In his new book Room 1219, author Greg Merritt takes an exhaustively detailed and utterly fascinating look at what he calls “the scandal that changed Hollywood”: the Labor Day 1921 death of actress Virginia Rappe, and the trials (and ultimate ruin) of comic superstar Fatty Arbuckle for his part in that death. The scandal was a turning point for the young movie industry. “Previously, the ‘film colony’ lifestyle was presented in fan magazines and newspaper gossip columns as a carefree extended adolescence,” Merritt writes. But after the Rappe affair, the common wisdom changed: “Hollywood was filled with spoiled idlers, living beyond society’s norms, going from party to party, fueled by jazz music, alcohol, narcotics, and deviant sex.” And the Arbuckle scandal was just the beginning of this nascent culture war; after the jump, a few of the classic Hollywood scandals that would make TMZ blush.
The death of Virgina Rappe
The facts are these: on Labor Day weekend in 1921, Roscoe “Fatty” Arbuckle rented a suite of rooms at a San Francisco hotel and had a bit of a party. Among those in attendance were Maude Delmont, a woman of ill Hollywood repute, and Virginia Rappe, a young and mostly unknown actress. Several days later, Rappe was dead of a ruptured bladder, and Delmont was telling anyone who’d listen that Rappe’s injury and death were the result of a barbaric rape by Arbuckle. The comic was charged with rape and manslaughter, and was tried and convicted by the newspapers (particularly those of William Randolph Hearst) before his real trial even began. Arbuckle’s lucrative career was over — his films were pulled from cinemas and his newly minted million-dollar Paramount contract was voided, even after a third trial (following two hung juries) resulted in not only an acquittal, but an apology from the jury.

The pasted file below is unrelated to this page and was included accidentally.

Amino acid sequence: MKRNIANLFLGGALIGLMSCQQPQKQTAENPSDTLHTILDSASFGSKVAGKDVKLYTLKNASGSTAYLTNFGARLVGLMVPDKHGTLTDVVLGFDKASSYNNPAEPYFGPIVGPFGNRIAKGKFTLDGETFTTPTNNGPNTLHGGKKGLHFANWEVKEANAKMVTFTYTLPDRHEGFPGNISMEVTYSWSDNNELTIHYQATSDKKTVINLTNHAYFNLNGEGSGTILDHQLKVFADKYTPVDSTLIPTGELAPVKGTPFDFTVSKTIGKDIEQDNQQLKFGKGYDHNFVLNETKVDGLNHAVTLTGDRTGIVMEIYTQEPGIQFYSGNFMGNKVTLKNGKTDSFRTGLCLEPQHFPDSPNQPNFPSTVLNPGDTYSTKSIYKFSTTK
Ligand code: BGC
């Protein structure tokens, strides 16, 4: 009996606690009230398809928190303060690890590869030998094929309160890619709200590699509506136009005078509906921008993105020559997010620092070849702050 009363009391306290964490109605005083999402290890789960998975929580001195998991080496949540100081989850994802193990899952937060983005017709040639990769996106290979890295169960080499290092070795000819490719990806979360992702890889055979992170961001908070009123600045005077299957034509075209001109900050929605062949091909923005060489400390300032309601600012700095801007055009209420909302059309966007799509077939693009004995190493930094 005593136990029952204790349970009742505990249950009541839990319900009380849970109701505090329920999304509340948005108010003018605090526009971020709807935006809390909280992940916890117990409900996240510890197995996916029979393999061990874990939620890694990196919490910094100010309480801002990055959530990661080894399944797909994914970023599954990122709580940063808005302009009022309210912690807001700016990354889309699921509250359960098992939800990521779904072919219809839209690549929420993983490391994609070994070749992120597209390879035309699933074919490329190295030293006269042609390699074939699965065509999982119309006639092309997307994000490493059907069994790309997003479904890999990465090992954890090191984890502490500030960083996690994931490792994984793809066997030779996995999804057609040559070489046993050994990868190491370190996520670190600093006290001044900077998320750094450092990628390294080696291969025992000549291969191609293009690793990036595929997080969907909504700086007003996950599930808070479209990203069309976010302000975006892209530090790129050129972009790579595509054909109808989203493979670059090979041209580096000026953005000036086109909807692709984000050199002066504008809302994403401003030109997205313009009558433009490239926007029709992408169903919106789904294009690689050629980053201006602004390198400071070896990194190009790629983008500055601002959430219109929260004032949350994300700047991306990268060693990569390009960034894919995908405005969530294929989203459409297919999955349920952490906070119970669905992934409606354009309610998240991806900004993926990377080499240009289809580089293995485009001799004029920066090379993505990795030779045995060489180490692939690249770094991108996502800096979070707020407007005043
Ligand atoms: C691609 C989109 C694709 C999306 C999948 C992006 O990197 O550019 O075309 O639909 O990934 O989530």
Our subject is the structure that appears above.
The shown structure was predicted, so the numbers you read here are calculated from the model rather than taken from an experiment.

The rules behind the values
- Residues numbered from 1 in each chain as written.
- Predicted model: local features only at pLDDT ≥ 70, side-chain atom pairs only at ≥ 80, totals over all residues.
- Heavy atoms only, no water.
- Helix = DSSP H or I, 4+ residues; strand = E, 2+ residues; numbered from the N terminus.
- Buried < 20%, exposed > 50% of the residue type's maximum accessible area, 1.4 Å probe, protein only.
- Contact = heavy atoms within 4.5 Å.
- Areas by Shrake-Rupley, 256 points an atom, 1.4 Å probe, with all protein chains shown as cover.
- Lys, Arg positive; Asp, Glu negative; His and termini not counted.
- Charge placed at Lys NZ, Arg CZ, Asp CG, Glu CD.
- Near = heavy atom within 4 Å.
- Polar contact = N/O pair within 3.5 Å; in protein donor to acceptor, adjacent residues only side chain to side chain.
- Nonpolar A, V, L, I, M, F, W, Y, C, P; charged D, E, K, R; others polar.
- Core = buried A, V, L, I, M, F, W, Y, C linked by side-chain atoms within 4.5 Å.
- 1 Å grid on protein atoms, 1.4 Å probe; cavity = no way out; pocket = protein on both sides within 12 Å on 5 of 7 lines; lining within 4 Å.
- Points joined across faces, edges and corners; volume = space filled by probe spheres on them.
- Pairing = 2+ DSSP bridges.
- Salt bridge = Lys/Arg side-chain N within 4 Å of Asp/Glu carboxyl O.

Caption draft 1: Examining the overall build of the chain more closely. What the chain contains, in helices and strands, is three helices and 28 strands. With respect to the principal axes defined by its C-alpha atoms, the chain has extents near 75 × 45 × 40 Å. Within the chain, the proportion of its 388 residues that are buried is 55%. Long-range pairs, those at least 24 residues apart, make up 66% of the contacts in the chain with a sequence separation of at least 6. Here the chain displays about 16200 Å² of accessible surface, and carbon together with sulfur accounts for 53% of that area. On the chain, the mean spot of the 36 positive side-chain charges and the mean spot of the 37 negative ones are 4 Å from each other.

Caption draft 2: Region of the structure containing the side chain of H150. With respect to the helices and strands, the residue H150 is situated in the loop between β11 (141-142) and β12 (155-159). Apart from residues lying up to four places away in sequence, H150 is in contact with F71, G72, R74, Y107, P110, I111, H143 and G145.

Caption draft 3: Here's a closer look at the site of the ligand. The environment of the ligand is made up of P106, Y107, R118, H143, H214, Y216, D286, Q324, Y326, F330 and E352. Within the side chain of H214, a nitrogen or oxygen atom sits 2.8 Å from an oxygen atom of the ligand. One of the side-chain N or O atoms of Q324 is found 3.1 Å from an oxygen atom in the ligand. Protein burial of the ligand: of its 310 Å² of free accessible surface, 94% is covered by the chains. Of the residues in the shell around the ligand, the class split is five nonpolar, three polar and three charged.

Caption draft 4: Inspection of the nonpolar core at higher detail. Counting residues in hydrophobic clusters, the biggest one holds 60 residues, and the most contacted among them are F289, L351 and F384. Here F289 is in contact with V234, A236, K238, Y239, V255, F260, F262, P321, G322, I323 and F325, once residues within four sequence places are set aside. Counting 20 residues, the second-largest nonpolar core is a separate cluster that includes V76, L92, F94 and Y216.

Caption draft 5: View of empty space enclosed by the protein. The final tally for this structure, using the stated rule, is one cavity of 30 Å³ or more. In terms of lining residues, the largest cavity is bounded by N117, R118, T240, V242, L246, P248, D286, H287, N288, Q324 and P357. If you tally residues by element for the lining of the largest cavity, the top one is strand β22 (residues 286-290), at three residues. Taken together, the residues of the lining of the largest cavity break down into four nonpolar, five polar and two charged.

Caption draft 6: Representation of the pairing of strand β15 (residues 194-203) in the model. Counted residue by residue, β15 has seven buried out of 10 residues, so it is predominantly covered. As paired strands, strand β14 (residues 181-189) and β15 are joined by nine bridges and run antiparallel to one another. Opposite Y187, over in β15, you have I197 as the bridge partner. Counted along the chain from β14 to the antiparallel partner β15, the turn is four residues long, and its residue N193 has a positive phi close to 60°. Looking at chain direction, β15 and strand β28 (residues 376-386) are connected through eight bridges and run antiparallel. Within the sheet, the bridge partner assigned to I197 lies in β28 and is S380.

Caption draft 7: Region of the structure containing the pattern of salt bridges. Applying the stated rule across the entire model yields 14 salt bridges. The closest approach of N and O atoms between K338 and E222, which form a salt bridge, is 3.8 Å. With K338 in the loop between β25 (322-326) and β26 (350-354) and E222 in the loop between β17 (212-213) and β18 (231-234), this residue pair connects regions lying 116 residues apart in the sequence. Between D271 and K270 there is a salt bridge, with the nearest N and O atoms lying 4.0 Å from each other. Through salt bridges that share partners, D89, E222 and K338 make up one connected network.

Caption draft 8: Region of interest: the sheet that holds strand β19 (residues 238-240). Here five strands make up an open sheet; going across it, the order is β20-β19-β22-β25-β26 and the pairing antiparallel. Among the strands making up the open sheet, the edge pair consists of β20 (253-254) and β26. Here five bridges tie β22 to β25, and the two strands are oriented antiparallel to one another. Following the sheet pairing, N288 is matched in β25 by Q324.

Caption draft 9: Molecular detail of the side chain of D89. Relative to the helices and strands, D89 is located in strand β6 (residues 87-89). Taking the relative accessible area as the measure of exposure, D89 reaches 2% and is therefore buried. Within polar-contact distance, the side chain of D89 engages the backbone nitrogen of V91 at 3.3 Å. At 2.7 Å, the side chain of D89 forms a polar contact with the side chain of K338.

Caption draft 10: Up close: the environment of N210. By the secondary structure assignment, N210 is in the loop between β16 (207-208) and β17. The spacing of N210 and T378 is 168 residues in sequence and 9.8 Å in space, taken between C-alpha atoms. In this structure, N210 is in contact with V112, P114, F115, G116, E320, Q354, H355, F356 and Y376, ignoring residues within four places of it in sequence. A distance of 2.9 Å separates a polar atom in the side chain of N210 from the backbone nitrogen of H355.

The death of Thomas Ince
The only silent-era scandal to give the Arbuckle/Rappe affair a run for his money is the notorious, still unexplained death of Thomas Ince: actor, filmmaker, early studio mogul, and possible victim of William Randolph Hearst’s wrath. Ince was on Hearst’s yacht on November 16, 1925, along with (among others) the newspaper tycoon, Hearst’s mistress (and actress) Marion Davies, Charles Chaplin, and columnist Louella Parsons. But before the weekend was out, Ince had been quietly taken from the boat to his estate in Benedict Canyon, where he subsequently died. The official cause of death was a heart attack, perhaps brought on by bootleg liquor. But the Hollywood rumor mill had it that Ince had been shot by the jealous Hearst, who had either caught Ince with Davies or mistaken him for Chaplin (with whom Hearst was convinced she was cheating). Newspaper accounts varied, an incomplete official investigation was closed, Ince’s body was cremated, and Parsons was given a lifetime contract for the Hearst papers — to keep her quiet, the stories went. Peter Bogdanovich dramatized the most credible of the rumors in his wonderful 2001 film The Cat’s Meow.